WASHINGTON - Some 45 million Americans with blood pressure levels once considered normal or borderline actually have "prehypertension," say new government guidelines that urge them to exercise, avoid salt and make other changes to stave off full-blown high blood pressure.
It's a major change that affects people with blood pressure as low as 120 over 80 - once thought to be a good level but now considered not good enough.
Scientists now say that damage to arteries from the pressure of blood pounding through them begins to increase at levels as low as 115 over 75. Even a small jump from that low - to 130 over 85, a level previously considered in the normal range - means a doubling of the risk of later death from heart disease, say the guidelines by the National Heart, Lung and Blood Institute.
Hence the new emphasis on at least delaying the gradual rise in blood pressure that so many Americans see with age. Still, the report promises to be a shock for people told for years their blood pressure was healthy, only to learn they're now considered "prehypertensive" unless their level is below 120 over 80.
"We don't want to frighten the public, we want to get action," said Dr. Aram Chobanian, dean of Boston University's medical school who chaired the government-appointed committee that drafted the guidelines. "Even small changes in blood pressure are important."
Other recommendations in the broad report, published in a special online edition of the Journal of the American Medical Association on Wednesday, are generating controversy, as doctors debate just which medication is best once hypertension hits.
The guidelines say most people who already have high blood pressure will need at least two medications to control the dangerous disorder - and most should at least try a cheap, old-fashioned diuretic as initial therapy.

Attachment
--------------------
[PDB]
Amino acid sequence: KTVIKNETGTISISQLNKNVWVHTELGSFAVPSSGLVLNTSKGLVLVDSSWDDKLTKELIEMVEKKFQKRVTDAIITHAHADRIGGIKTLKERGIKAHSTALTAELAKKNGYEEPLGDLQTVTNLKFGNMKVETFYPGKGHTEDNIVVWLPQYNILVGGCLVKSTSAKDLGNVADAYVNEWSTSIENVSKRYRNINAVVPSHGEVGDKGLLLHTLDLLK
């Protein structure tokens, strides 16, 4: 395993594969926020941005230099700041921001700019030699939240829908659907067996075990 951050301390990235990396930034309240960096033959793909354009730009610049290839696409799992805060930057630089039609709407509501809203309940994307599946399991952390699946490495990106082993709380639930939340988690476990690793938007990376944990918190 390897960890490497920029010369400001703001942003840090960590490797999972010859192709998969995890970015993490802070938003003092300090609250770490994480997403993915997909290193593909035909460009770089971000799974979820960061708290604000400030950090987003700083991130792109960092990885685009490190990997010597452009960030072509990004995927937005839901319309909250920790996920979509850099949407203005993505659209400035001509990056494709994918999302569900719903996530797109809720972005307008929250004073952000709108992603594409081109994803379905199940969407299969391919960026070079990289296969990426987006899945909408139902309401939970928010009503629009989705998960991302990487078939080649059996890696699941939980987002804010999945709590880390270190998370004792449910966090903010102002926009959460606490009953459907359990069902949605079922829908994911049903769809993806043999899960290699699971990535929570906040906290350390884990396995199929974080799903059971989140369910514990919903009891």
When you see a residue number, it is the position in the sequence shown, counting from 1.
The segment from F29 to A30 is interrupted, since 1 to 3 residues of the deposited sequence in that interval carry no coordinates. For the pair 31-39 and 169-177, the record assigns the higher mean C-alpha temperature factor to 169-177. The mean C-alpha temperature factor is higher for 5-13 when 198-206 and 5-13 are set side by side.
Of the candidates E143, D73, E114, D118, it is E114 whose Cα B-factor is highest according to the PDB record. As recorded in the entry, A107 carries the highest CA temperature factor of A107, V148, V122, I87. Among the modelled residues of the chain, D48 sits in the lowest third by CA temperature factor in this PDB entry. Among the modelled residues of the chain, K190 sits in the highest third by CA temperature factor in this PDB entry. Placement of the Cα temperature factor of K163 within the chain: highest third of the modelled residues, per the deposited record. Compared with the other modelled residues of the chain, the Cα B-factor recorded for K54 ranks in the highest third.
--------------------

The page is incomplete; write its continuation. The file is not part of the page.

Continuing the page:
At a major meeting of hypertension experts, doctors argued Wednesday that that was the wrong advice for many people.
"They haven't justified those steps," said Dr. John Laragh of New York Hospital/Cornell University Medical Center, who contends only 35 percent of people with hypertension have the type that responds to diuretics. Many of the rest, he said, could do fine with one other drug, such as an ACE inhibitor or beta blocker.
The authors responded that the guidelines say diuretics aren't the only option - and that patients with additional diseases, such as heart-attack survivors, may do better with other medications.
"Nobody's advocating some kind of cookbook medicine," said Dr. Claude Lenfant, director of the federal heart institute.
The guidelines also say that:
- Blood pressure is measured as two values and the first number, the systolic pressure, is the most important for anyone over 50 - something too few doctors and patients understand. If nothing else, that number should be below 140.
- Doctors should be far more aggressive in treating hypertension. Almost a third of people with high blood pressure don't know it and two-thirds of the diagnosed don't have the disease under control - too often because doctors hesitate to prescribe a second or third medication, said co-author Dr. Daniel W. Jones of the American Heart Association.
An estimated 50 million Americans have high blood pressure, often called the silent killer because it may not cause symptoms until the patient has suffered damage. It raises the risk of heart attacks, strokes, heart failure, kidney damage, blindness and dementia.
High blood pressure measures 140 over 90 or more. That level hasn't changed.
Until now, optimal blood pressure was considered 120 over 80 or lower; normal was up to 130 over 85; and levels above that were called borderline until patients reached the hypertension range.
But the new guidelines classify normal blood pressure as below 120 over 80 - and readings anywhere from 120 over 80 up to 140 over 90 as prehypertensive.
They should lose weight if they're overweight, get regular physical activity, avoid a salty diet and consume no more than two alcoholic drinks a day - all factors that increase blood pressure, the guidelines say.
"We hope it's going to catch people's attention," Jones said of the new prehypertension category. "They are at higher risk for going on to develop hypertension and they need to take action."